years of practice) men submitted to 13 weeks of resistance training (2 sets of 8 to 12 maximal repetitions in 9 exercises). The training
workload was increased by 5% to 10% whenever 2 sets of 12 maximal repetitions with the proper form were achieved, without
performing Valsalva maneuver, for two consecutive exercise sessions. Observe that there was no significant difference between
sedentary young and sedentary older workload increase for almost all exercises performed (except for the greater increase in the calf
raise workload of sedentary older), whereas the older runner workload increase was greater than the sedentary young and sedentary
older subjects for most of the exercises performed. {: Difference from the sedentary young and sedentary older group (p,0.05). e:
Difference from the sedentary young group (p,0.05). Reprinted from (5) Ciolac EG, et al. Resistance exercise intensity progression in
older men. Int J Sports Med 2010; 31: 433–8. ß Georg Thieme Verlag KG Stuttgart. Used with permission.

include improvement of body composition, maintenance or
even increase of bone mineral density, improvement of
insulin sensitivity, reduction of glycated hemoglobin and
other benefits (2,3,7,10,26). Moreover, the resistance training-induced reduction of fat mass and increase of muscle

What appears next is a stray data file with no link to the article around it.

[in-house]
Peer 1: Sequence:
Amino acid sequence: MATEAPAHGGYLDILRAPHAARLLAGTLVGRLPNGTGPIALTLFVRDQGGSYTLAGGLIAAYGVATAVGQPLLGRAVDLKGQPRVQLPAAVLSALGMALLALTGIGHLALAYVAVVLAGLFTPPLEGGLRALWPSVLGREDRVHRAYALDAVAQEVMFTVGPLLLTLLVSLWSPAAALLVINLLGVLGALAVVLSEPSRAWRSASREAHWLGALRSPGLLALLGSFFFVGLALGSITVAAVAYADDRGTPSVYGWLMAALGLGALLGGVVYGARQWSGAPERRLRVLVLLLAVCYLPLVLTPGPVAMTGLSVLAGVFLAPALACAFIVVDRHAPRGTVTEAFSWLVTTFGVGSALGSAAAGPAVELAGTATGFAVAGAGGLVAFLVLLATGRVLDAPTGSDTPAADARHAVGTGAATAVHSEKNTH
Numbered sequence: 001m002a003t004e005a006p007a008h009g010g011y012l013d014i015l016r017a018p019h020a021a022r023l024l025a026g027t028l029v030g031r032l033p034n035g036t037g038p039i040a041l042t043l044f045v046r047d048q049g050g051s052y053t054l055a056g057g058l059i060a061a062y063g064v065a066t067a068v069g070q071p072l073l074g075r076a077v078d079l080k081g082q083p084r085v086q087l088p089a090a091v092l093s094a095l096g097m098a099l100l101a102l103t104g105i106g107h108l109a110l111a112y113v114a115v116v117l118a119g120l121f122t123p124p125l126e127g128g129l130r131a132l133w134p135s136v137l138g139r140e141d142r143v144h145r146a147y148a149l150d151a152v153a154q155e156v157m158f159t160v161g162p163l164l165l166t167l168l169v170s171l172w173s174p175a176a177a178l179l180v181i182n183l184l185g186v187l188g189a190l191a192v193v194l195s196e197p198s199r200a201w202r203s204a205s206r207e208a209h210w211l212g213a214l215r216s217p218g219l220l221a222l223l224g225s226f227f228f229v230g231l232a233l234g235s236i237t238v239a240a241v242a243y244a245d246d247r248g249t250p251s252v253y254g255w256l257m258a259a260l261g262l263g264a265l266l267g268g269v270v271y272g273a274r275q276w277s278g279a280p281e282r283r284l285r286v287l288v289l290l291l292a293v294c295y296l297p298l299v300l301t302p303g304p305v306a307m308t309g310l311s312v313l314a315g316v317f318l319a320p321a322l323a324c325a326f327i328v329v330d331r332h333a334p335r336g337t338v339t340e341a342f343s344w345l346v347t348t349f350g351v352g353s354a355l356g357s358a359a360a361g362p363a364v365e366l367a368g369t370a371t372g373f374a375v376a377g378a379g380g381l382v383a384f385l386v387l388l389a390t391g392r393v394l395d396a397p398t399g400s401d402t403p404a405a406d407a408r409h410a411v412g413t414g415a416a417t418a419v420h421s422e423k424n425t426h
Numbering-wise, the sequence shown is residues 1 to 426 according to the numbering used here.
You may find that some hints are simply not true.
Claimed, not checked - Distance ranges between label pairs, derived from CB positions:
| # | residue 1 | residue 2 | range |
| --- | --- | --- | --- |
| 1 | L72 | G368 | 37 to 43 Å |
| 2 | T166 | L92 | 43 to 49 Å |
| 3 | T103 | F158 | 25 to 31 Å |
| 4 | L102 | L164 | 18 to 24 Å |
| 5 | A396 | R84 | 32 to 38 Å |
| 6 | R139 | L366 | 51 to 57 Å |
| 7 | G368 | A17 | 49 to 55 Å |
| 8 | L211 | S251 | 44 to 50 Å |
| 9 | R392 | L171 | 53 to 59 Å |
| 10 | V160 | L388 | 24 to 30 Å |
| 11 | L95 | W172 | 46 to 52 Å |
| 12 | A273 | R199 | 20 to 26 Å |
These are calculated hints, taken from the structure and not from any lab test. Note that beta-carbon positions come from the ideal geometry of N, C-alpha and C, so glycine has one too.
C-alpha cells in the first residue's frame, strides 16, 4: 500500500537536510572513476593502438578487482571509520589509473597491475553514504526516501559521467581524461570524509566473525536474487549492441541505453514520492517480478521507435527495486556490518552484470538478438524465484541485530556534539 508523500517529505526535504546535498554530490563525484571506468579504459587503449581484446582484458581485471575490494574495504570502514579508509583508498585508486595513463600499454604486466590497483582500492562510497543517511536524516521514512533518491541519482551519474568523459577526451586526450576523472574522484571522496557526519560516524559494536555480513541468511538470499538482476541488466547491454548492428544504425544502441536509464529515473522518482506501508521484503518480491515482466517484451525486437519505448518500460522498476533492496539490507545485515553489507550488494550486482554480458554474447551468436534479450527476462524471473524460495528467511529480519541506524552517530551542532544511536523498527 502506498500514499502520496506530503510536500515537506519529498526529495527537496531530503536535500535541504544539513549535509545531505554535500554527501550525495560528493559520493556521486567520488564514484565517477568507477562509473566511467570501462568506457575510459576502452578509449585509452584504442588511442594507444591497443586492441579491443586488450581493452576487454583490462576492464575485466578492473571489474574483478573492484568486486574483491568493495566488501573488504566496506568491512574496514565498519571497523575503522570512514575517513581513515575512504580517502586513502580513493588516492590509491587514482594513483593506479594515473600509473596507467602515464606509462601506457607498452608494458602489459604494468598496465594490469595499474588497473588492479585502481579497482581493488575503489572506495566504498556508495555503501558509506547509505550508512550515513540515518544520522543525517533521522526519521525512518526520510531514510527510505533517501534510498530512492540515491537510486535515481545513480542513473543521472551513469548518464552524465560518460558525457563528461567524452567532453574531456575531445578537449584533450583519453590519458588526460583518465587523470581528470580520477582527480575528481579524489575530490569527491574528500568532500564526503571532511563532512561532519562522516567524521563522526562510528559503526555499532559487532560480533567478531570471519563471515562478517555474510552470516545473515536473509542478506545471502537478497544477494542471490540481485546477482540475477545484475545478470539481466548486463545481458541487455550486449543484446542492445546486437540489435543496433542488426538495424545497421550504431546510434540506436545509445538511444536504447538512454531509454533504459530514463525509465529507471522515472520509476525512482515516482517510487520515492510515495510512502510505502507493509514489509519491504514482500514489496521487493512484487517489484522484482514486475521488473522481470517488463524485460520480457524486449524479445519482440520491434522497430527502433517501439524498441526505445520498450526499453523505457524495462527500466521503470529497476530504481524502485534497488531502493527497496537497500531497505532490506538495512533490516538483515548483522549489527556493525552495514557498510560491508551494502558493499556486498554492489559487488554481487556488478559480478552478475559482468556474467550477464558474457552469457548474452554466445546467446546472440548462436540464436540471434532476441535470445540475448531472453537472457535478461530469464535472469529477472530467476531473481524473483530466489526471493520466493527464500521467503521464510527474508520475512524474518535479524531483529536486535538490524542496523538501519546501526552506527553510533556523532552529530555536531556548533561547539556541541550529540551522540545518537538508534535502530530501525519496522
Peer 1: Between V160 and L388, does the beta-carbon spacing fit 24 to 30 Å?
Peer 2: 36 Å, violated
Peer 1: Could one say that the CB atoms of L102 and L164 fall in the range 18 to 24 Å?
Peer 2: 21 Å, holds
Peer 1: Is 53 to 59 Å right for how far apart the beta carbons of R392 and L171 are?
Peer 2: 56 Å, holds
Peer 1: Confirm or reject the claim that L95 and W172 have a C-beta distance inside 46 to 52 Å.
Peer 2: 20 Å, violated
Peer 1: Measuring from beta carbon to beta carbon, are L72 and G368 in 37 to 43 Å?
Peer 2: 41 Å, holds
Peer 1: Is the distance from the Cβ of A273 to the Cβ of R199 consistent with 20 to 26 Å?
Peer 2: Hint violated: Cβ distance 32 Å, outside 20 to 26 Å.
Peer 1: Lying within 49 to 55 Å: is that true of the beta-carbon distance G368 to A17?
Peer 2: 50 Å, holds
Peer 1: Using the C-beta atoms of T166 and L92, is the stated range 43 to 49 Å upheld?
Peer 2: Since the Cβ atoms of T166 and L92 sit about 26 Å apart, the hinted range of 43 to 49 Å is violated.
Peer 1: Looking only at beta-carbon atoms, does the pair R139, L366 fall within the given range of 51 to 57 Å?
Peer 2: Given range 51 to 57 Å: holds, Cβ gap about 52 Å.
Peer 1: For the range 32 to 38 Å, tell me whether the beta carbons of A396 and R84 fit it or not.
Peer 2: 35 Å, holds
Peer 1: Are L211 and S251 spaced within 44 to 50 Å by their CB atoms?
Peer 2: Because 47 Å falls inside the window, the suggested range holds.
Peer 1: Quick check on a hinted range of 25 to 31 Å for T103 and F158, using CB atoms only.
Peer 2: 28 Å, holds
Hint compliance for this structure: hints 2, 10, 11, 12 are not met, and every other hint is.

mass may have important implications in the treatment of
chronic diseases and incapacities associated with disuse. For
example, in several diseases, such as type 2 diabetes, there
are potential advantages in both reducing the body fat and
increasing the muscle mass because these two compartments (fat and muscle) have opposite and independent
effects on the insulin sensitivity of older individuals
(3,26,31).

training-induced improvements were sufficient to restore
functional performance, at least in part, to levels similar to
those observed in older or even young women (sedentary)
without physical limitations (35).
Finally, resistance training has also been shown to reduce
the impact of aging on body composition and associated
chronic diseases. Older subjects who perform resistance
training throughout life display increased bone mass and
improved body composition compared to sedentary older
subjects or even to those who are engaged in aerobic
exercises (2,3). This greater resistance training-related bone
mass may have important implications for the prevention of
osteoporosis and fractures (3,26). The improved body
composition (increase of muscle mass and reduction of fat
mass) associated with resistance training may also have
health-related benefits, including the prevention of type 2
diabetes, cardiovascular disease, cancer (colon, breast and
endometrium), osteoarthritis and falls (3,26,36). With regard
to older subjects who were previously sedentary, the
benefits of participating in resistance training programs

Balance, flexibility and aging
Although the number of studies examining balance